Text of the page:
Coronavirus: Advice for landlord and tenant disputes

Pandemic problems? What should you know about issuing a claim? We look at the current legislation for landlord and tenant disputes.

Offices signifying landlord and tenant disputes resulting from the pandemic.

The pandemic has seen the government enact emergency legislation that has altered possession proceedings considerably since March 2020 and prevented evictions in the majority of cases. We break down what that means for landlord and tenant disputes.

What should I know about issuing a claim?

The ban on evictions in England came to an end on 31 May 2021 but it is important for both landlords and tenants to stay up to date with the latest developments. Tenants should be aware of their rights and landlords should know the minimum notice that they must give their tenants, ensuring that they do not follow out-of-date guidance and increase the amount of time it takes to regain possession of their property, as well as significantly increasing the cost of doing so.  Guidance for landlords and tenants on GOV.UK gives up to date information regarding the current process. We recommend checking this before pursuing any action.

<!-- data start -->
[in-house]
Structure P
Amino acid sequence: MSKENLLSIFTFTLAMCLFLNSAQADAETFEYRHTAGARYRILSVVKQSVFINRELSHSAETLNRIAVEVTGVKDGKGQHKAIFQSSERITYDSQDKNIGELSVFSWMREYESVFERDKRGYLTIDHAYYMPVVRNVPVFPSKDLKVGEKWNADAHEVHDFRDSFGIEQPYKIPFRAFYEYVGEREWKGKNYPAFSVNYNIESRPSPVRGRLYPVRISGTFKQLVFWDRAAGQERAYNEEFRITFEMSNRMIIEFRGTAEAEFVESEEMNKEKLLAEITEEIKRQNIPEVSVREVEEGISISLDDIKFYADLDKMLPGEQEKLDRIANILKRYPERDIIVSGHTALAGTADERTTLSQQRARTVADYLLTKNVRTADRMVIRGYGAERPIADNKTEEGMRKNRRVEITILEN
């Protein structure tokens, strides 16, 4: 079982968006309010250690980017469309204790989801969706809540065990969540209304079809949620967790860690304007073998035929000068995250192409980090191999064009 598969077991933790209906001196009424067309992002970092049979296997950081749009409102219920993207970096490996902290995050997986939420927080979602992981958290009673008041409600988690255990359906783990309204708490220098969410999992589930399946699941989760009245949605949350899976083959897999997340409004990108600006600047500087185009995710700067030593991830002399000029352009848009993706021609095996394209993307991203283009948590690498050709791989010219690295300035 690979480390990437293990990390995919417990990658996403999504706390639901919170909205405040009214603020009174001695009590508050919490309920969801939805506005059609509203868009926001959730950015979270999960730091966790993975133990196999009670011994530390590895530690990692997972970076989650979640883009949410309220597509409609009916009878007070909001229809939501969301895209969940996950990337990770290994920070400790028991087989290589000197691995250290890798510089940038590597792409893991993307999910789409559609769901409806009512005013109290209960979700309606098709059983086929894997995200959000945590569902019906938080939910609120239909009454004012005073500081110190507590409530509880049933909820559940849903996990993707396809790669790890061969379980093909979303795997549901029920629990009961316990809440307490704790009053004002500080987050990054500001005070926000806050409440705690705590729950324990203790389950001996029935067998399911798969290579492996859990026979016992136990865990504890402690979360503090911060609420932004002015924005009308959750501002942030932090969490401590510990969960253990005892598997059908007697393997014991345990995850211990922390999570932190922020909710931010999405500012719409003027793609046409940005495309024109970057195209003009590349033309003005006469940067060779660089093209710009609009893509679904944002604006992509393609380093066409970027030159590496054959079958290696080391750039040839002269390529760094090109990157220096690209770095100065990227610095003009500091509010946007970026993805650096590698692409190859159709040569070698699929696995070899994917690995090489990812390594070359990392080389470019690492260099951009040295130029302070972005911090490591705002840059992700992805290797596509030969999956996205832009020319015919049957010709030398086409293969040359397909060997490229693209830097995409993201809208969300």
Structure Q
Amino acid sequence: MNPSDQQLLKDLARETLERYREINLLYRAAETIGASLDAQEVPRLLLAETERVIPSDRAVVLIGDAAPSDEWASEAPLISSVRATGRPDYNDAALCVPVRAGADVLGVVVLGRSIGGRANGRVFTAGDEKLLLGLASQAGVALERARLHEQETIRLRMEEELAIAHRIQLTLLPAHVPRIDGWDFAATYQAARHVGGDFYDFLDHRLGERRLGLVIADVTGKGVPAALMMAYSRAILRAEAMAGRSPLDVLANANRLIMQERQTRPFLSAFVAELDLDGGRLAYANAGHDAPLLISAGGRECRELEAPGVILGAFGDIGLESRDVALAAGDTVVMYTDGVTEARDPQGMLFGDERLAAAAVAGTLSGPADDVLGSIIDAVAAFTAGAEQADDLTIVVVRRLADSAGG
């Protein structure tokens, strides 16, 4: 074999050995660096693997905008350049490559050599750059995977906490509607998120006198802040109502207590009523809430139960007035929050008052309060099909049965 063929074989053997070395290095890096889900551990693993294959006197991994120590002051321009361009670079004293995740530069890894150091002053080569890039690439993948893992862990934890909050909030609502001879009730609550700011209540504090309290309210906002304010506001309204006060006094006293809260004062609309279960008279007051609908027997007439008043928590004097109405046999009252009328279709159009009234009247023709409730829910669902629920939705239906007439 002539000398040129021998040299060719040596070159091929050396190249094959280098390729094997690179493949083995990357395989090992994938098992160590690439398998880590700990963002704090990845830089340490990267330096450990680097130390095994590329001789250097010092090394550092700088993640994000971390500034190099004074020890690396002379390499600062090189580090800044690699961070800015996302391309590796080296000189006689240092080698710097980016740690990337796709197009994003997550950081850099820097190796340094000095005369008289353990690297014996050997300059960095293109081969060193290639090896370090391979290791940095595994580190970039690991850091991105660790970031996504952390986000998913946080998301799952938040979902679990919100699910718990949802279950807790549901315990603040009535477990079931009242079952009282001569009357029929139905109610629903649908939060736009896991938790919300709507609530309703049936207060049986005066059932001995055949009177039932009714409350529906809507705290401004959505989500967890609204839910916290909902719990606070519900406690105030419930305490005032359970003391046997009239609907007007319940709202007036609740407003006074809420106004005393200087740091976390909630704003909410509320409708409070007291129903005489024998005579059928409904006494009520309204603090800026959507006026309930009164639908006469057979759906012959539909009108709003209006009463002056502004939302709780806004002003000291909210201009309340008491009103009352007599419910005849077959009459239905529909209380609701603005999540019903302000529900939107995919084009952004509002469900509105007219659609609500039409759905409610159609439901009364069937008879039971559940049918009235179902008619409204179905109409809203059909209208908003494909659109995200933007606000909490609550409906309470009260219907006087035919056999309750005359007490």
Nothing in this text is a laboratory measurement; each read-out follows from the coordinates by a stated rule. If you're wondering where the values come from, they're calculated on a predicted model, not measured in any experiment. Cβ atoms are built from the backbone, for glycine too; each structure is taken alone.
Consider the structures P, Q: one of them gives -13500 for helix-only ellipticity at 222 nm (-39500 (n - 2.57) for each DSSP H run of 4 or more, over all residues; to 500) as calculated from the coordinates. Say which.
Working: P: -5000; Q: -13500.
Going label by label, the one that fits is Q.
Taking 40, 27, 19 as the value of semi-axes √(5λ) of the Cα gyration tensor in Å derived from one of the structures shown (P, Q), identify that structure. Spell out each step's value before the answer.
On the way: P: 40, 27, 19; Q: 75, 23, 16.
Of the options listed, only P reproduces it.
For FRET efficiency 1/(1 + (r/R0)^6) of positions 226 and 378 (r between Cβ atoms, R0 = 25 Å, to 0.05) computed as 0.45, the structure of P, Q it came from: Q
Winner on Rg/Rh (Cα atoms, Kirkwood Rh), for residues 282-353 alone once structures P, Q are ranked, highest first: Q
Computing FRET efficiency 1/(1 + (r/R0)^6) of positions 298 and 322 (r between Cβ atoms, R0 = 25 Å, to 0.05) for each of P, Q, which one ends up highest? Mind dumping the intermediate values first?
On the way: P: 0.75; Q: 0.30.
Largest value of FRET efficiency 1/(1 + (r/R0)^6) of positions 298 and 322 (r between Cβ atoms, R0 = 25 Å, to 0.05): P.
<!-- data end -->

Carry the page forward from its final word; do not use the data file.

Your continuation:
What else has changed?

There have been further alterations to the length of notice that a landlord must give their tenant/s before starting possession proceedings. From 1 June 2021, any Section 21 notice served must give at least four months for tenants to leave the property. There will be further changes from 1 August 2021 when the minimum notice period for Section 21 notices will further reduce to 2 months.

There are also new obligations as to which documents must be filed alongside the claim. It is important that landlords bear this in mind, as failure to follow the correct procedure can lead to significant delays or even their claims being struck out. If the court grants an order for possession, the next step for a landlord is to seek that a warrant of eviction is executed by court appointed bailiffs.

Court appointed bailiffs must give at least 14 days’ notice of when an eviction will take place.

Still got questions?

Have a look at our articles on breaking a commercial lease and commercial leases and rent holidays. For more detailed advice and assistance issuing a claim, contact our dispute resolution team who can also help with exceptions notices, possession proceedings and evictions.

This article was written by Daniel Bolster

Please note the contents contained in this article are for general guidance only and reflection the position at time of posting. Legal advice should be sought before taking action in relation to specific matters.

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